2) Integration of all settings. Until we can communicate across the enterprise and ambulatory settings, the clinician really isn’t able to get a clear picture of the patient nor is care expedited or comprehensive. The capability exists to do this today and the efficiencies that stand to be gained from unifying ambulatory and enterprise setting are huge. Not only are the foreseeable meaningful use requirements a motivator to unify all settings, but the cost savings and competitive edge should be as well. Think of how this could improve communications, reporting accuracy and of course, patient care.
3) Accurate, timely documentation that meets all requirements. In addition to ensuring that all users and settings are using technology to share information and document patient encounters, providers and developer need to ensure that documentation is accurate and meets all requirements. Think about it this way, if information isn’t coded accurately and quickly, then errors get moved along to the next clinician. And given that the clinician needs information in real time at the point of care, it’s really imperative that documentation occurs in real time on the spot. If the enterprise hasn’t employed an EHR that takes care of documentation at the point of care, then now is the time to consider upgrading or adding a tool that will take care of documentation, of course, without burdening the clinician.
4) Interoperability. EHRs have to, sooner than later, talk with other EHRs outside of their network. Open-ended design software is critical to flexibility and adaptability. Very seldom do patients stay within one network nor do they stay at home or in one location. Healthcare has to be mobile along with their medical records. It’s becoming increasingly important to not just be able to network stateside, but globally as well.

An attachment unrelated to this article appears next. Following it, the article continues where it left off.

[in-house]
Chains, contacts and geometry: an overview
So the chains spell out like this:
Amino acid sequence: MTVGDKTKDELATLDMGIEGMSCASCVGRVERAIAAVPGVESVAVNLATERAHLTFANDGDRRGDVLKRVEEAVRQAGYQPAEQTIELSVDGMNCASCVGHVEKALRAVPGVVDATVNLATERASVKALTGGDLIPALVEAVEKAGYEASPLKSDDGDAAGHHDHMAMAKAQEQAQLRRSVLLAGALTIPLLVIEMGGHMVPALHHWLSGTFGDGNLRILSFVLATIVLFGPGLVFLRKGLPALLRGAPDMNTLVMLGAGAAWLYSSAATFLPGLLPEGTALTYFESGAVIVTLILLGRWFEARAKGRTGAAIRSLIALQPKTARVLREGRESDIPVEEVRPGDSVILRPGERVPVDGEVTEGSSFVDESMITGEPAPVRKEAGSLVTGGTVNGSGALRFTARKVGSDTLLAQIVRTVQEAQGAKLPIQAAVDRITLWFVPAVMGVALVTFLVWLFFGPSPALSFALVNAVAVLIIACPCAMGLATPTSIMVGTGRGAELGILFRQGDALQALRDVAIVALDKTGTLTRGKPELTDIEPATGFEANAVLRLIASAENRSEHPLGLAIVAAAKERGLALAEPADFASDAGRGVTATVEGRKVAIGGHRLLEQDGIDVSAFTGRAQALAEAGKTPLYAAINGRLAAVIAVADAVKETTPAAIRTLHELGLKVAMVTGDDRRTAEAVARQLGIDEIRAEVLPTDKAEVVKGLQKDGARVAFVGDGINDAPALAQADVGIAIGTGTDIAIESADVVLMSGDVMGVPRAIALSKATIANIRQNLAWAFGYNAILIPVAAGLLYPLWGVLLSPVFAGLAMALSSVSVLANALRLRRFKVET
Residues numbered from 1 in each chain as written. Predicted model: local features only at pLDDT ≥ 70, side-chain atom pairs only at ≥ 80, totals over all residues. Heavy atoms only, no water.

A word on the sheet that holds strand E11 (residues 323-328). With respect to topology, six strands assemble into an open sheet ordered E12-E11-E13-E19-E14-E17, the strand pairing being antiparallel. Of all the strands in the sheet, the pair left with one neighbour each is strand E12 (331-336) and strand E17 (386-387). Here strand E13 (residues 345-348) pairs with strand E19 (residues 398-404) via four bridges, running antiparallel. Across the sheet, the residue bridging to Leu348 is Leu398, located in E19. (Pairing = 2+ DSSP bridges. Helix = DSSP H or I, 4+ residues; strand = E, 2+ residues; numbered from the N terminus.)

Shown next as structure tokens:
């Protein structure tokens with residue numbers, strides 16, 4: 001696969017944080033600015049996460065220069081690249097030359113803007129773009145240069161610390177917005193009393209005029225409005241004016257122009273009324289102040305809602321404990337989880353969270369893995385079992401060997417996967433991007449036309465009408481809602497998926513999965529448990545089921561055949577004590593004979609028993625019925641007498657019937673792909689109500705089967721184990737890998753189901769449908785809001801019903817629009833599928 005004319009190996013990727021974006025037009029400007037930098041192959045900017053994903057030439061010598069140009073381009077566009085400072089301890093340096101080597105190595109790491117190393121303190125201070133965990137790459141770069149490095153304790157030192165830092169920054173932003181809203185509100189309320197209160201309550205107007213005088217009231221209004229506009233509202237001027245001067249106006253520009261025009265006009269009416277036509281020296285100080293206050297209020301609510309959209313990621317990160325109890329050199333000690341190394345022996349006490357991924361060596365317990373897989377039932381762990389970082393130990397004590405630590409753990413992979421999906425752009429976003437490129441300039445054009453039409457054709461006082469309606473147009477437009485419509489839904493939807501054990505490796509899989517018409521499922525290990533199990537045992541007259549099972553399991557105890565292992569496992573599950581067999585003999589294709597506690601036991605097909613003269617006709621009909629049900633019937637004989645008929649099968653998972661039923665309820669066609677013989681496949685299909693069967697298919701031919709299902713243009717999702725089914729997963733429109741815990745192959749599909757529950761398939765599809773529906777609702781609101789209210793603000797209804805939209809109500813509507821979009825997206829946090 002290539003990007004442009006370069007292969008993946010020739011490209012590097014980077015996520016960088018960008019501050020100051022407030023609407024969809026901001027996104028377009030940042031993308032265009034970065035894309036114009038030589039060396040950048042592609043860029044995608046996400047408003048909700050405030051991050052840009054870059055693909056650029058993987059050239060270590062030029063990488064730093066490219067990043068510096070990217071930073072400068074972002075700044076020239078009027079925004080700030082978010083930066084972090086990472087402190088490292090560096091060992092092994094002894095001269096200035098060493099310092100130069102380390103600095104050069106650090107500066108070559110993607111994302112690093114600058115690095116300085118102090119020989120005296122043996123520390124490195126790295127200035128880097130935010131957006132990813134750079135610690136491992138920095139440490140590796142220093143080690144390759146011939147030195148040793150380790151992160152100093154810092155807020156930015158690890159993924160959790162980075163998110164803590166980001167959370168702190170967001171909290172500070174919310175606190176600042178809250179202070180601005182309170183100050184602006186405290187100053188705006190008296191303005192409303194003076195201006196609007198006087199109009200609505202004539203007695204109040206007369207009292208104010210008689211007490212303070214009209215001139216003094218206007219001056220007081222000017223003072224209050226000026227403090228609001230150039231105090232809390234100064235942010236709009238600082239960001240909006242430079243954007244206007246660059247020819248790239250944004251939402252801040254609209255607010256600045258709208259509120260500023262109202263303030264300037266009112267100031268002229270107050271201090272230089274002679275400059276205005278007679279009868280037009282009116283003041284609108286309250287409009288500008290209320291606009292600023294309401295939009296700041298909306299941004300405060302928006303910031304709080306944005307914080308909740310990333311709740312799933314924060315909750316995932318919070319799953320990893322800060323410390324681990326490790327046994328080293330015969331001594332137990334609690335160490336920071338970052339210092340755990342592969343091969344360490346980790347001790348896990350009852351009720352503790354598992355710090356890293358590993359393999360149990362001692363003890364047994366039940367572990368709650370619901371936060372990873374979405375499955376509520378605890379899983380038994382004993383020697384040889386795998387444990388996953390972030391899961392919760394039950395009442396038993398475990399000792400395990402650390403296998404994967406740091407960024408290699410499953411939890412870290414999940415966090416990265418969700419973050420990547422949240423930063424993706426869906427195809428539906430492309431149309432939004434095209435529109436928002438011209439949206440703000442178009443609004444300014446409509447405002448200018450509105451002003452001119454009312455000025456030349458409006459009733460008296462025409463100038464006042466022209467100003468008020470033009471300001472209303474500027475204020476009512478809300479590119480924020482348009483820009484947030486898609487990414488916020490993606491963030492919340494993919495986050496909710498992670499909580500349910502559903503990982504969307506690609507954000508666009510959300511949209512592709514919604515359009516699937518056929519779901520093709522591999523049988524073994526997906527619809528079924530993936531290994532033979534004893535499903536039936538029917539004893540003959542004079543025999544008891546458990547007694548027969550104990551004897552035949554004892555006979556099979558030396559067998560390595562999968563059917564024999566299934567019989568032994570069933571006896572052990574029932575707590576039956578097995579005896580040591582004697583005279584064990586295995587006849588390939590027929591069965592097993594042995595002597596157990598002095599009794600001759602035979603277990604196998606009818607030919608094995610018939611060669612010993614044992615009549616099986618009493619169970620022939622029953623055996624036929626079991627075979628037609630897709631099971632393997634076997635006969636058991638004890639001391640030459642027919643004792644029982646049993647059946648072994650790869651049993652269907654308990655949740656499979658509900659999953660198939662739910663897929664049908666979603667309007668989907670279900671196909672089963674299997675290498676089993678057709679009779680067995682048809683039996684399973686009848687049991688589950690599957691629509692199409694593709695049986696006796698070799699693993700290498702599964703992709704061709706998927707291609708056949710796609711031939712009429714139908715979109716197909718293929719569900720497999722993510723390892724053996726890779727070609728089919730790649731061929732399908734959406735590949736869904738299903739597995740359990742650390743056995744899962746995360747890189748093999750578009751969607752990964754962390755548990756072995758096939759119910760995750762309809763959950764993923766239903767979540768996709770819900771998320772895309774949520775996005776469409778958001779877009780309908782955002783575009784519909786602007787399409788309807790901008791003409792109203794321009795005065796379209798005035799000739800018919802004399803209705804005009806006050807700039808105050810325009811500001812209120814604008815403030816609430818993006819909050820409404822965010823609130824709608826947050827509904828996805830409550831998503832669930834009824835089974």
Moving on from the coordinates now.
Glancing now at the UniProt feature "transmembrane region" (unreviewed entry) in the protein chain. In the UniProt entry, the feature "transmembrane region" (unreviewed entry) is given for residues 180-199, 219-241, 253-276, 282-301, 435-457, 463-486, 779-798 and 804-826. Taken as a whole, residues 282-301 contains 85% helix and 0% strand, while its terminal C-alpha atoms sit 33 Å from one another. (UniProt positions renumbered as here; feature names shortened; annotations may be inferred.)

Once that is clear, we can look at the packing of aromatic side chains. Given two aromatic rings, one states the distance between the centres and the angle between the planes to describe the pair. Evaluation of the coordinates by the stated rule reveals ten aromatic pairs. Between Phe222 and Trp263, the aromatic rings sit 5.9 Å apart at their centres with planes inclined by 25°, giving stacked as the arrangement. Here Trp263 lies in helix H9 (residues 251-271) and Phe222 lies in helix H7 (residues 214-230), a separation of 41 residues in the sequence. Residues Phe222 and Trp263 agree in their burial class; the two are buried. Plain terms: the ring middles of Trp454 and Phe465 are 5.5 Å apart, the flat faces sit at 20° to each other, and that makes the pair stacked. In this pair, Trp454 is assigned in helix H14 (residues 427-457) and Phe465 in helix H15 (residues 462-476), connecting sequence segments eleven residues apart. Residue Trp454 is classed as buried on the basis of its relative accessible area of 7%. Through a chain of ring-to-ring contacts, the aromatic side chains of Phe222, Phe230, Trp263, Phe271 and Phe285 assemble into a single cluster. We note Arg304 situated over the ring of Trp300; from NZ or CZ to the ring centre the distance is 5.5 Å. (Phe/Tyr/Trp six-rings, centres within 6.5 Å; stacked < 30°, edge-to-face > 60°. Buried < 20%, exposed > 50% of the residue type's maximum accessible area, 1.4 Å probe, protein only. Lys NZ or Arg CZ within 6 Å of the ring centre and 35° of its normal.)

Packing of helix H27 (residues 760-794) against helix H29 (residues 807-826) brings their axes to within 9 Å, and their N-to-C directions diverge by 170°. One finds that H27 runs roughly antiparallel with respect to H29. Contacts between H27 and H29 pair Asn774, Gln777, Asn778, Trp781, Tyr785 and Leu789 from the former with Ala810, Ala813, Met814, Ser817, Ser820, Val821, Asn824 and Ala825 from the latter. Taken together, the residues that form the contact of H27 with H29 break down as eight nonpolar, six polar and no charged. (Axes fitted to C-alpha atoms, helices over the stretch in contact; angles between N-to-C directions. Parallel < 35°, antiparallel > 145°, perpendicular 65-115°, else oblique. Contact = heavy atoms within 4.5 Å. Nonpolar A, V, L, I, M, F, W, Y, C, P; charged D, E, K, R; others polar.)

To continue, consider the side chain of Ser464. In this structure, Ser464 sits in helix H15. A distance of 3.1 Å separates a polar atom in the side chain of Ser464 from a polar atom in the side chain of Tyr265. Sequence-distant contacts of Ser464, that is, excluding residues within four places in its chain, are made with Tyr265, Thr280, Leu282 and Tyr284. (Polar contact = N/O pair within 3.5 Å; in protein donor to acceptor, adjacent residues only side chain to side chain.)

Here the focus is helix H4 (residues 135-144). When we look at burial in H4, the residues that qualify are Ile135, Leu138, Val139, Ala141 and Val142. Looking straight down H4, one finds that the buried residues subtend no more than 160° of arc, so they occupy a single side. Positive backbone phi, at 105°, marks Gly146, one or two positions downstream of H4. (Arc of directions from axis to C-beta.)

In today’s medical settings, data means nothing if it’s inaccessible to the people who need it in a split second. A doctor at the bedside or in a practice setting, a coder in the billing department, a nurse on rounds – they all need what they want, when they need it, without having to look for it.
That is what Quippe is all about.
Medicomp Systems’ Quippe software development kit (SDK) enables most existing EHRs to provide usability at the point of care and incorporate all coding and billing requirements, without burdening the clinician. Quippe provides a single enterprise documentation platform for both ambulatory and inpatient settings. It is easily integrated into most systems, and can run over the internet and on most mobile devices.
Quippe software is powered by Medicomp’s MEDCIN Engine, a knowledge engine that sorts, filters, translates, and delivers usable information in various languages and codes, such as LOINC, SNOMED, and RxNorm. The MEDCIN Engine and Quippe work together to sort through all codes – and MEDCIN’s 300,000-plus concepts – to deliver relevant, patient-specific information at the point of care. This information is delivered in a format that is usable for each type of user, whether they’re clinicians, nurses, administrative staff or allied health partners.